Should Social Security Benefits Increase with Age?

18 Pages Posted: 24 Jul 2007 Last revised: 11 Jul 2010

See all articles by Martin S. Feldstein

Martin S. Feldstein

National Bureau of Economic Research (NBER) (deceased); Harvard University (deceased)

Date Written: March 1987

Abstract

This paper shows that the optimal relation between social security benefits and retiree age depends on balancing the advantage of providing an otherwise unavailable actuarially fair annuity against the lower rate of return earned in a pay-as-you-go social security system. The ability of compulsory social security programs to provide an actuarially fair annuity implies that benefits should increase with age while the lower return on social security contributions than on private saving implies that a larger fraction of total benefits should be paid during the early years of retirement. In an economy that contains a mixture of rational life cycle savers and completely myopic individuals who do no saving, it is optimal for benefits to decline during the earlier part of the retirement period and then to begin rising. Numerical calculations based on actual macroeconomic parameters and representative survival probabilities suggest that the optimal age for minimum benefits occurs before age 75.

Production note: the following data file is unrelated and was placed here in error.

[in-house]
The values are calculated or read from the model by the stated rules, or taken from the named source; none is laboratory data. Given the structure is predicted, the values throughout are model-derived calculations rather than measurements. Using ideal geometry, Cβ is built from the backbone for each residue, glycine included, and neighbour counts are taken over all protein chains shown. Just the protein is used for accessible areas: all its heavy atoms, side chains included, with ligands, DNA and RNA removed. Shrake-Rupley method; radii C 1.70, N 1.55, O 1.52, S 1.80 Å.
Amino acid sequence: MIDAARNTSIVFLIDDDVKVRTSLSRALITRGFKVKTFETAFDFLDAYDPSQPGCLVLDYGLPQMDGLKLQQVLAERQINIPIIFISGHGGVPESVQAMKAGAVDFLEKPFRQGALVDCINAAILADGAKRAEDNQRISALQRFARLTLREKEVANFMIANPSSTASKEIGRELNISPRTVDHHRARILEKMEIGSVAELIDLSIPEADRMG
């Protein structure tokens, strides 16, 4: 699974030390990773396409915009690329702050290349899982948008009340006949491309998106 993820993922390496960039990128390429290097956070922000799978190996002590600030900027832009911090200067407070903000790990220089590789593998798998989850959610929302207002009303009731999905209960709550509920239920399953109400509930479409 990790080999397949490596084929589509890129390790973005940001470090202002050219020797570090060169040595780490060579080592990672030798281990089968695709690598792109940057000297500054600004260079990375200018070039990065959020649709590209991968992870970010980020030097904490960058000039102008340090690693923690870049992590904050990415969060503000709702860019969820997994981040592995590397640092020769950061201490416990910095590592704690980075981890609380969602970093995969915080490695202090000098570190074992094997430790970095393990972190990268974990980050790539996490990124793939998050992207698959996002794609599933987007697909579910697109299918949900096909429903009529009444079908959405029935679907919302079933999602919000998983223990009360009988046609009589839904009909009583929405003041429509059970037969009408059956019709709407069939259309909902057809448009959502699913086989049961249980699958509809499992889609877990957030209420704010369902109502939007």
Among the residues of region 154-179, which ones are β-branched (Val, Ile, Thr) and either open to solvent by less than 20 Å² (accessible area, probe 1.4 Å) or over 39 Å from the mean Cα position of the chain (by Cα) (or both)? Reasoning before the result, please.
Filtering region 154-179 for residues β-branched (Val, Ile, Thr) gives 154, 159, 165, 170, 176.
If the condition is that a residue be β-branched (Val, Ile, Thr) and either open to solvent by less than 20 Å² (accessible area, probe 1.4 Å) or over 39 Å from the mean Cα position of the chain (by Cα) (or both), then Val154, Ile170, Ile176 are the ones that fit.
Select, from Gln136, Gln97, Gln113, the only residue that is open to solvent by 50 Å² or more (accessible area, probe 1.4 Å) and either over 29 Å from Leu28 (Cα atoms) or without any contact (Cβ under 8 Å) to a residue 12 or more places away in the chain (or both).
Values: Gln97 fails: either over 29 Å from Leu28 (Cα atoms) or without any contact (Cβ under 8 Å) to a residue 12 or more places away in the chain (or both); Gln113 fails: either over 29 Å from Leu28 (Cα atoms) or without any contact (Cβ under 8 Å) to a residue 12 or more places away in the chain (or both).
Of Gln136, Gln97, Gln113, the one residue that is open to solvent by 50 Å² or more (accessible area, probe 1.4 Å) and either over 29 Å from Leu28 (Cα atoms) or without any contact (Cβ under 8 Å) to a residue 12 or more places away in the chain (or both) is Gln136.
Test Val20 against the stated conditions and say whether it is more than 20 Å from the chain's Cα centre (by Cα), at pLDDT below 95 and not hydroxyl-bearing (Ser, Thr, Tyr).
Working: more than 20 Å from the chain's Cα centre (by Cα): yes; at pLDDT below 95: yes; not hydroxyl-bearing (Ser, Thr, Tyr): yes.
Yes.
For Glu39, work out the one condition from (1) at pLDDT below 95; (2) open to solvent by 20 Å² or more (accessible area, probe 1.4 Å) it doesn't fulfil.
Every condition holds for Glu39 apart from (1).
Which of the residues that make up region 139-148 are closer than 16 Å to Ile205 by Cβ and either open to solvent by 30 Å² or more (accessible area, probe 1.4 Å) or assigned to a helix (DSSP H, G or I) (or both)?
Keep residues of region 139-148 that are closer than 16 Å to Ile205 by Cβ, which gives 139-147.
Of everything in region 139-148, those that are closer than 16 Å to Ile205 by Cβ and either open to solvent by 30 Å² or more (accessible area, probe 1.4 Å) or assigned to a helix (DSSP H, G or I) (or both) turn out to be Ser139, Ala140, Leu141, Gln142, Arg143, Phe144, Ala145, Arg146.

Suggested Citation

Feldstein, Martin S., Should Social Security Benefits Increase with Age? (March 1987). NBER Working Paper No. w2200, Available at SSRN: https://ssrn.com/abstract=346997

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